The other issue relates to the beef exceptional aid measure, BEAM, which is the €100 million fund introduced by Government to compensate hard-hit suckler farmers in regard to beef prices. I was disappointed but not surprised to learn that only half the suckler farmers in the country have applied for this scheme. This illustrates that the scheme is not working and is not attractive to farmers in the first instance. The problem, in part, is that one of the criteria pertaining to this scheme is that farmers must commit to a reduction in their stocking numbers by a minimum of 5% for the following year. The lack of uptake in the scheme highlights that there is a problem with it. Again, I implore the Leader to use his good offices to bring back to the Minister for Agriculture, Food and the Marine, Deputy Creed, the message that suckler farmers are hard-pressed with beef prices and ground conditions and they need a break. The Minister needs to review this scheme with a view to making it attractive for farmers to apply for the funding which they so badly need.

I thank the 12 Senators who contributed to the Order of Business. The issues of Brexit and the DeSouza case were raised by Senators Mark Daly, Craughwell, Conway, Nash and Feighan. All of us in this House stand united in the twin declaration of the need to ensure there is no return to a hard border on our island and to protect our place in the Single Market. Rather than add to the rhetoric, as parliamentarians it is best that we allow the negotiations to continue such that a deal and a solution can be found in the interests of all of us on this shared island.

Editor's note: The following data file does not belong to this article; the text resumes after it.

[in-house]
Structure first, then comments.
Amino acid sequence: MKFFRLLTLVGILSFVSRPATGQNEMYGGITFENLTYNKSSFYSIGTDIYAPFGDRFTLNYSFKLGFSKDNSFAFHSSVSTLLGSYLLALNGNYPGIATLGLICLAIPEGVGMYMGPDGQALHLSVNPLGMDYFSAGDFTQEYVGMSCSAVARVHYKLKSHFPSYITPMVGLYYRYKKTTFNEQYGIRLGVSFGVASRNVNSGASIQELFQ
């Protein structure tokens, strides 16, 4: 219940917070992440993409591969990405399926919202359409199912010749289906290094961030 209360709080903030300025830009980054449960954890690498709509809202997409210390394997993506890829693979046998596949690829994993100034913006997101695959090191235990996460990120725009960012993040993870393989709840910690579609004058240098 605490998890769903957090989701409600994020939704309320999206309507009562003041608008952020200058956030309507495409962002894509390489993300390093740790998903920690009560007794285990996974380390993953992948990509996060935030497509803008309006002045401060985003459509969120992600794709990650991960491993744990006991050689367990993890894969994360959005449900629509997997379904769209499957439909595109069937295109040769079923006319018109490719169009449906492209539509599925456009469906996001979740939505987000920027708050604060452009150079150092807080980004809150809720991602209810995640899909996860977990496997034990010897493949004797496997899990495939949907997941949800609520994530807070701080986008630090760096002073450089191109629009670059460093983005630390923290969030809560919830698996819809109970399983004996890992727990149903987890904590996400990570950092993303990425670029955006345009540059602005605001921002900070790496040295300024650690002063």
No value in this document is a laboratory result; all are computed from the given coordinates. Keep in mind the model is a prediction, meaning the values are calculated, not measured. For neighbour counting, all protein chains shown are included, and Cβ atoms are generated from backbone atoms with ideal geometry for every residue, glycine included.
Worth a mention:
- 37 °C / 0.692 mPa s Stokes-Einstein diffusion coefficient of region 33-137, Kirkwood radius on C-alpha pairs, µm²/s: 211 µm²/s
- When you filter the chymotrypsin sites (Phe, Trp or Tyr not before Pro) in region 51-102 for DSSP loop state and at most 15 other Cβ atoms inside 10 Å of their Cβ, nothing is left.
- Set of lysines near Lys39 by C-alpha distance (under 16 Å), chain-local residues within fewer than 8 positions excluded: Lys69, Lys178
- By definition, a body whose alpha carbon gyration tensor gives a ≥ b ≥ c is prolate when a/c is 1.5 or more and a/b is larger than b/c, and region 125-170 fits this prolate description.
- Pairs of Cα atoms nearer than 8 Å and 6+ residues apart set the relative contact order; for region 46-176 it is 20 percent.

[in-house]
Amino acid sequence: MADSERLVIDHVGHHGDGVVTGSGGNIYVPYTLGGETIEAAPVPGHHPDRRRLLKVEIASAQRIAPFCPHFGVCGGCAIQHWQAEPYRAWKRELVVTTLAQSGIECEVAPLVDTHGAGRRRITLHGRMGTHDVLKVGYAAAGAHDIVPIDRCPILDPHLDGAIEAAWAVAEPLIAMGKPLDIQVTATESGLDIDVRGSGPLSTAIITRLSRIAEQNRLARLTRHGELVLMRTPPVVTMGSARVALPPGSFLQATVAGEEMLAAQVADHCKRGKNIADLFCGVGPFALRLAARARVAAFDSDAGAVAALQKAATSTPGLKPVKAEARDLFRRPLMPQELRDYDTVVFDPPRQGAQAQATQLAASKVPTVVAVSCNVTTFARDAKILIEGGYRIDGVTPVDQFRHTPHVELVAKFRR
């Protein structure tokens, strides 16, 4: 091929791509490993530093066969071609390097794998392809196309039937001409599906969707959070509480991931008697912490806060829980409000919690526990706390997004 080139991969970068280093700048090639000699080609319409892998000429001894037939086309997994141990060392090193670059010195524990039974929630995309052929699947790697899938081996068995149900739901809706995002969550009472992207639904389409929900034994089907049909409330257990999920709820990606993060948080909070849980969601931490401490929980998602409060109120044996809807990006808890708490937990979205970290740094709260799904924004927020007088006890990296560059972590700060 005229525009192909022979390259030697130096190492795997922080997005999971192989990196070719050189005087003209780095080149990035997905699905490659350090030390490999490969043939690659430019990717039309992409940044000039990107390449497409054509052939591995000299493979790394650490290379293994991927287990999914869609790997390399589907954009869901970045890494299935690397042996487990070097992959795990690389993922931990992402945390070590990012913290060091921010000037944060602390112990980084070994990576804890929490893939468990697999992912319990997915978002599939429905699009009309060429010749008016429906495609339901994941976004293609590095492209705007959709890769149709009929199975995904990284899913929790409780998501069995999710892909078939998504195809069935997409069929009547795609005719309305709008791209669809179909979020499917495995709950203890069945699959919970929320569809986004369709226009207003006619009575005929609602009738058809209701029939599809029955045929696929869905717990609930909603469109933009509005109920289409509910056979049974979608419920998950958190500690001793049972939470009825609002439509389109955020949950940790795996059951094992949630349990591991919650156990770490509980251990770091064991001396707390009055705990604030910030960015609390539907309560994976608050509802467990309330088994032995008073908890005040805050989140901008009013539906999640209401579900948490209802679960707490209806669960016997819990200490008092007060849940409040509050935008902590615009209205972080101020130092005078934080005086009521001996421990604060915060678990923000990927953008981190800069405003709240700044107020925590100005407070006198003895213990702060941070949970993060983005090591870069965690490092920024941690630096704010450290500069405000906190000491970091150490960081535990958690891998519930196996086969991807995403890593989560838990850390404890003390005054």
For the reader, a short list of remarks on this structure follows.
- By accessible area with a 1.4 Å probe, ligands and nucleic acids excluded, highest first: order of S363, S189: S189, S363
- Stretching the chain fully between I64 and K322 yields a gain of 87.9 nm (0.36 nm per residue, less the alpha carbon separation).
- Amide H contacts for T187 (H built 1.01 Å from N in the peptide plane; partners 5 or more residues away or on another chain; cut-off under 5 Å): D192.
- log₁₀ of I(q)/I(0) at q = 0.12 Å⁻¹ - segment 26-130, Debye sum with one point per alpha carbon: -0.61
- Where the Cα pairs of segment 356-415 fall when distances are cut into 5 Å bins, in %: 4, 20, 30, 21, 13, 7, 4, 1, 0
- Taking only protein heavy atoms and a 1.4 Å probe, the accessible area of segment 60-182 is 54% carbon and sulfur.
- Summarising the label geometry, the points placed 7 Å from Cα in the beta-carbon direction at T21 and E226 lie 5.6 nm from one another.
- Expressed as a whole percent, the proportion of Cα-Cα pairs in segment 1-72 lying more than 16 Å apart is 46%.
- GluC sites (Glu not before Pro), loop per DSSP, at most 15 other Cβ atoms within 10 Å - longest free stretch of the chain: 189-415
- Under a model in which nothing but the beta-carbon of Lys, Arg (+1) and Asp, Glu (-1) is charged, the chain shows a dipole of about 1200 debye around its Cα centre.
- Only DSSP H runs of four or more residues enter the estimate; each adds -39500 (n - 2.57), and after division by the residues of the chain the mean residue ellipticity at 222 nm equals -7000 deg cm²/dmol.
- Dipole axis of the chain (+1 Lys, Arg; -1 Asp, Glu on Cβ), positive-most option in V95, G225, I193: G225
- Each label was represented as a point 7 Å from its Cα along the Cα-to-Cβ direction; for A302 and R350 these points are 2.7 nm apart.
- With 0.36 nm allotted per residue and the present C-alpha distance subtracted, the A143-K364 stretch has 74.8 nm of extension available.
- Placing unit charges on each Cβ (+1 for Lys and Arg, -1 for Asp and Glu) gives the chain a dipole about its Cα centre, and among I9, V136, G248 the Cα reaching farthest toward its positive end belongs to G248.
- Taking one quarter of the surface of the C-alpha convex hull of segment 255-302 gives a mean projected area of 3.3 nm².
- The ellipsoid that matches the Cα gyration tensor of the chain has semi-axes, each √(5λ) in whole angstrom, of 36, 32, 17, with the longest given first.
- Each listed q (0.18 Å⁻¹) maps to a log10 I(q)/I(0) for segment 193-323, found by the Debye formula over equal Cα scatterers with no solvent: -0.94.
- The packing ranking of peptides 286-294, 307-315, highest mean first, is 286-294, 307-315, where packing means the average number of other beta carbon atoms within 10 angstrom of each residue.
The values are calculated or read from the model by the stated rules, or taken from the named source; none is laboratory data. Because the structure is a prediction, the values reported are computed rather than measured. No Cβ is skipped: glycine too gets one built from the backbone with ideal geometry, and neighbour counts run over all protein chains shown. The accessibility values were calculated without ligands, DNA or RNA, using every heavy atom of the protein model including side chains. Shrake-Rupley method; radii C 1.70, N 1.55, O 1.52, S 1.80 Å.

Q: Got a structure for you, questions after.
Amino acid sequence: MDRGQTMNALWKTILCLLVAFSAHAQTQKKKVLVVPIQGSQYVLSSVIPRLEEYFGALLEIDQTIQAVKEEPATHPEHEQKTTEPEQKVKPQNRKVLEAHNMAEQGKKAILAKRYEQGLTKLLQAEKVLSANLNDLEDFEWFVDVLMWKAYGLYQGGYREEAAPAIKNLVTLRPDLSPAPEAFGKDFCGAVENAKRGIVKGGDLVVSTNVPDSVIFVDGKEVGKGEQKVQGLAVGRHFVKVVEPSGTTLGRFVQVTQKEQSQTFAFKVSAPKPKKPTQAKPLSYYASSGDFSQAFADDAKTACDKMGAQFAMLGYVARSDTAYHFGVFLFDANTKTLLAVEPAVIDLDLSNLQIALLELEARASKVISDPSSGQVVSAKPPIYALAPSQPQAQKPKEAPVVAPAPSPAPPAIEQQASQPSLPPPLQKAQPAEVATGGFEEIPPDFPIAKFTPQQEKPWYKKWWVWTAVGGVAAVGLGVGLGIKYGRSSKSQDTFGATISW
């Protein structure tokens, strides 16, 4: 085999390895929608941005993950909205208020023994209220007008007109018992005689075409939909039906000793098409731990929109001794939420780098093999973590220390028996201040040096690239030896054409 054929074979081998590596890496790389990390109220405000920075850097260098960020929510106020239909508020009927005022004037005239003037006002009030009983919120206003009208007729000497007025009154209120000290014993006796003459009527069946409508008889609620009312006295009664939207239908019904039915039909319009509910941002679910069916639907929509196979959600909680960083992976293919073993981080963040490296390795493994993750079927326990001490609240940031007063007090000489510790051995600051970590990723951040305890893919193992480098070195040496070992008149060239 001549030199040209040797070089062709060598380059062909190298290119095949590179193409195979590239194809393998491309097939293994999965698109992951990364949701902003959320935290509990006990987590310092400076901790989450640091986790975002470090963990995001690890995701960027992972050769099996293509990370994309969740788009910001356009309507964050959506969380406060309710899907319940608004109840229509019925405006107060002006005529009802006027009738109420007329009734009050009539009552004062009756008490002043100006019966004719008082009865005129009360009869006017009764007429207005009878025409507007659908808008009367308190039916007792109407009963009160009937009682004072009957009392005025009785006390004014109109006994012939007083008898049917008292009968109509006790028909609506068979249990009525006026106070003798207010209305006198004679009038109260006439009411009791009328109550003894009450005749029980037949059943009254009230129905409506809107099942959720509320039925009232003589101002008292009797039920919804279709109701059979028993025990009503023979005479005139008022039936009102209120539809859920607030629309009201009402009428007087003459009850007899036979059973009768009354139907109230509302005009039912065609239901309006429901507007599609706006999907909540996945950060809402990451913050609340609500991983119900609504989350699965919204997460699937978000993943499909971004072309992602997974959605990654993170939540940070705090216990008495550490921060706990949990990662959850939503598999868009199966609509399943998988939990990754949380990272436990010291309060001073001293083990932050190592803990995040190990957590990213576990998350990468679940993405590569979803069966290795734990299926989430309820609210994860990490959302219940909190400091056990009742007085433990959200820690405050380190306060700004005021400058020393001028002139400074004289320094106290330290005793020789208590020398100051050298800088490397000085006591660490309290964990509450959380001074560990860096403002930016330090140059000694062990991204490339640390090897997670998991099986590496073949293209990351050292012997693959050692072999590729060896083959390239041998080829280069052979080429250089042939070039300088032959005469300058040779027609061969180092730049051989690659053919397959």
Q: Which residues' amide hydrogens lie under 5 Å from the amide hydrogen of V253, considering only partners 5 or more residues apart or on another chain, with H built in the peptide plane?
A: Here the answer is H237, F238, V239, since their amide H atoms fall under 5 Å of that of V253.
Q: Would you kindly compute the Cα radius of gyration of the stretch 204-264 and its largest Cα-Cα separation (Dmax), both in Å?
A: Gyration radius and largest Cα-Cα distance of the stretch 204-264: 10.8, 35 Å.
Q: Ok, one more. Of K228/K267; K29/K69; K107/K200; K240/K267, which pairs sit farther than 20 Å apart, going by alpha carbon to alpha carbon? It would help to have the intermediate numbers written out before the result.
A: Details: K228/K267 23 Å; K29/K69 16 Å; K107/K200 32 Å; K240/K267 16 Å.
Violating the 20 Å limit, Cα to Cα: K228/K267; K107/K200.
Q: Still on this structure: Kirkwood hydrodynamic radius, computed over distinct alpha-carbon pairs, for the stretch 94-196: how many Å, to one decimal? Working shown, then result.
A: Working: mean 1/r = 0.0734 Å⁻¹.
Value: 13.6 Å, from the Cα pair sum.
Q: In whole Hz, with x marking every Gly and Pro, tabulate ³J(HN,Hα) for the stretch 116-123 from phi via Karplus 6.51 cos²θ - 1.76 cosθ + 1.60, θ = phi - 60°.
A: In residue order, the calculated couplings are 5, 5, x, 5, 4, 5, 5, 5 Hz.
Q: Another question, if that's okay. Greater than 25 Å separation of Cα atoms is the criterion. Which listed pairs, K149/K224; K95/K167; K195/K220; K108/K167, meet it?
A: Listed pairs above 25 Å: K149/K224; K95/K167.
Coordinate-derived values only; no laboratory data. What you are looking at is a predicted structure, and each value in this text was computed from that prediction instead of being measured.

The Taoiseach referenced the DeSouza case and he said that he will raise the matter with Prime Minister Johnson again next week. It is an important case. In my opinion, it goes against the spirit of the Good Friday Agreement and it gives further hostage to different sides to argue particular points. The important point is that British citizenship laws are, as the Taoiseach said, out of step with the spirit of the Good Friday Agreement. In keeping with the comments of many Members here, as co-guarantors of the Good Friday Agreement, there is a responsibility on both sides to honour and uphold it. The Taoiseach and the Tánaiste, as part of their engagements, will make that position clear. To make a distinction between national identity and citizenship is an incorrect reading of the Good Friday Agreement.